And when working from home, employees may be more relaxed about security risks, opting for the convenience of personal devices such as laptops or smartphones when accessing work emails and documents. One survey shows that 55% of employees say they use personally owned smartphones or laptops for their work at least some of the time.

Just like they find apps for personal use, many employees do the same when it comes to work – creating accounts for apps without going through IT, either because they aren’t thinking about security measures, or because they just want to get something done.

The uptick in app usage is huge: a Gartner survey shows that the average employee uses 2x more SaaS applications today than they did in 2019.

Why SSO isn’t enough to mitigate risks of shadow IT

While single sign-on (SSO) tools are an important first step for securing access to enterprise tools, they fall short when it comes to managing shadow IT.

SSO can only secure access to apps the company or IT department knows about. Shadow IT, by definition, is a blind spot. This leaves critical gaps in a company’s identity and access management strategy. Those gaps are shadow IT.

There’s also a cost factor: it can be expensive for tools to be integrated and managed by an SSO vendor, with some software-as-a-service (SaaS) apps charging extra to be put behind SSO – a cost known as the SSO tax.

If SSO tools aren’t sufficient for managing security risks of shadow IT, what should companies do? Fight it? Try to stop shadow IT use? That’s unrealistic and unsustainable. The only viable path forward is to embrace it.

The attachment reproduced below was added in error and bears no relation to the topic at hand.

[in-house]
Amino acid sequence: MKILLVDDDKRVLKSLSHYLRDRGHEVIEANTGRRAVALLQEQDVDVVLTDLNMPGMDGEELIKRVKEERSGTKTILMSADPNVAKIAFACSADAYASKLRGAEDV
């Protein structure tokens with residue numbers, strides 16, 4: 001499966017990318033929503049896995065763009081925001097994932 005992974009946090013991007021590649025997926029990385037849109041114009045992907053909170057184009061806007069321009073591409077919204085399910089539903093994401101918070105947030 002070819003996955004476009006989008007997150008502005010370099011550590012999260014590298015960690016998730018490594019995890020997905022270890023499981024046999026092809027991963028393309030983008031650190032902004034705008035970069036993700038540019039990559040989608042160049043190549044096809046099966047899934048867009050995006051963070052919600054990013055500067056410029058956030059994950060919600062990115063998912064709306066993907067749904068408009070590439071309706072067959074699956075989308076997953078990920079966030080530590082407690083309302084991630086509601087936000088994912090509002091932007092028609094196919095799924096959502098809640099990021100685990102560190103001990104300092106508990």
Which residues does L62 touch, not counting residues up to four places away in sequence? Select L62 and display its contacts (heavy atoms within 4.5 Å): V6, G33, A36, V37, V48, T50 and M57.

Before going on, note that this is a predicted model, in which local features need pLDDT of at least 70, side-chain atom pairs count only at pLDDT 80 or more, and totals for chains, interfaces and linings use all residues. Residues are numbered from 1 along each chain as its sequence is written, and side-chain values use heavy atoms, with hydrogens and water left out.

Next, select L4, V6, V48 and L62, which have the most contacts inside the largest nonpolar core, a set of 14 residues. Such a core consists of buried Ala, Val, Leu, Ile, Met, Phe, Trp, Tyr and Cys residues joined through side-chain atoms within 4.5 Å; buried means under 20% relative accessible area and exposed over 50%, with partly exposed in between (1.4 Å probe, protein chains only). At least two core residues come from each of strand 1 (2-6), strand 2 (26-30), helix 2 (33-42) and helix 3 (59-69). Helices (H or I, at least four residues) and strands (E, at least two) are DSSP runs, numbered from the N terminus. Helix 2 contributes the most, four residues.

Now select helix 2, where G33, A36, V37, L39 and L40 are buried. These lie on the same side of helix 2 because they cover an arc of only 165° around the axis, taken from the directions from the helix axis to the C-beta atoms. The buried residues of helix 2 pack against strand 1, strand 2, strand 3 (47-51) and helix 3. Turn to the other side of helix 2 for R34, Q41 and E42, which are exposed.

A new approach: embracing shadow IT

When nearly a third of applications used by employees aren’t being managed by their companies, it’s time to pause and figure out a better path forward.

You can’t realistically eliminate shadow IT. Therefore, the challenge is to enable and secure it so teams can access the tools they want to use, but in a secure way.

This can be achieved by making sure that each employee – on every team and across different data access points – has comprehensive protection. Approaching the issue at the individual level is important because shadow IT looks different for different roles and departments.

Where do you start? It’s most important to secure credential sharing and standardize how access to tools happens – so you can secure that access.

For example, for the finance team, access to things like bank accounts needs to be locked down – and they need secure methods for file sharing. For marketing teams that use and test apps like social media and messaging platforms, it’s critical to make sure only approved team members have the appropriate access to social profiles.

Applying the principle of least privilege (PoLP) can also help. That means making sure that employees have the minimum amount of access they need to do their jobs. For example, HR probably doesn’t need access to marketing analytics or campaign spend details.

It’s up to IT and security to figure out how to secure and enable these systems. 1Password can help. 1Password is an enterprise password manager (EPM) that provides teams with a centralized solution to use, access, and share critical company data with role-based access controls and ensures employees adhere to your security policies. EPMs can help you make the easy way to work the secure way to work.

Bring shadow IT into the light

Shadow IT is here to stay. It will likely continue growing, especially as new cloud services like generative AI garner wider use. And as it does, if left unchecked, it can increase your company’s attack surface, expose sensitive data (sometimes inadvertently), and increase the risk of a data breach.

In other words, no cybersecurity plan is complete without addressing shadow IT.

In the coming weeks, we’ll explore shadow IT in more depth here on the 1Password blog, including how to do more with less with valuable IT resources. In the meantime, you can learn how to manage shadow IT, shore up your data security, and protect your company against cyberattacks by downloading Managing the unmanageable: How shadow IT exists across every team – and how to wrangle it.

Managing the Unmanageable

Learn why teams like Finance, Marketing, and HR use shadow IT, the security vulnerabilities that can follow, and how to manage it all.
Download now

Contributing Writer

Jenn Marshall - Contributing Writer Jenn Marshall - Contributing Writer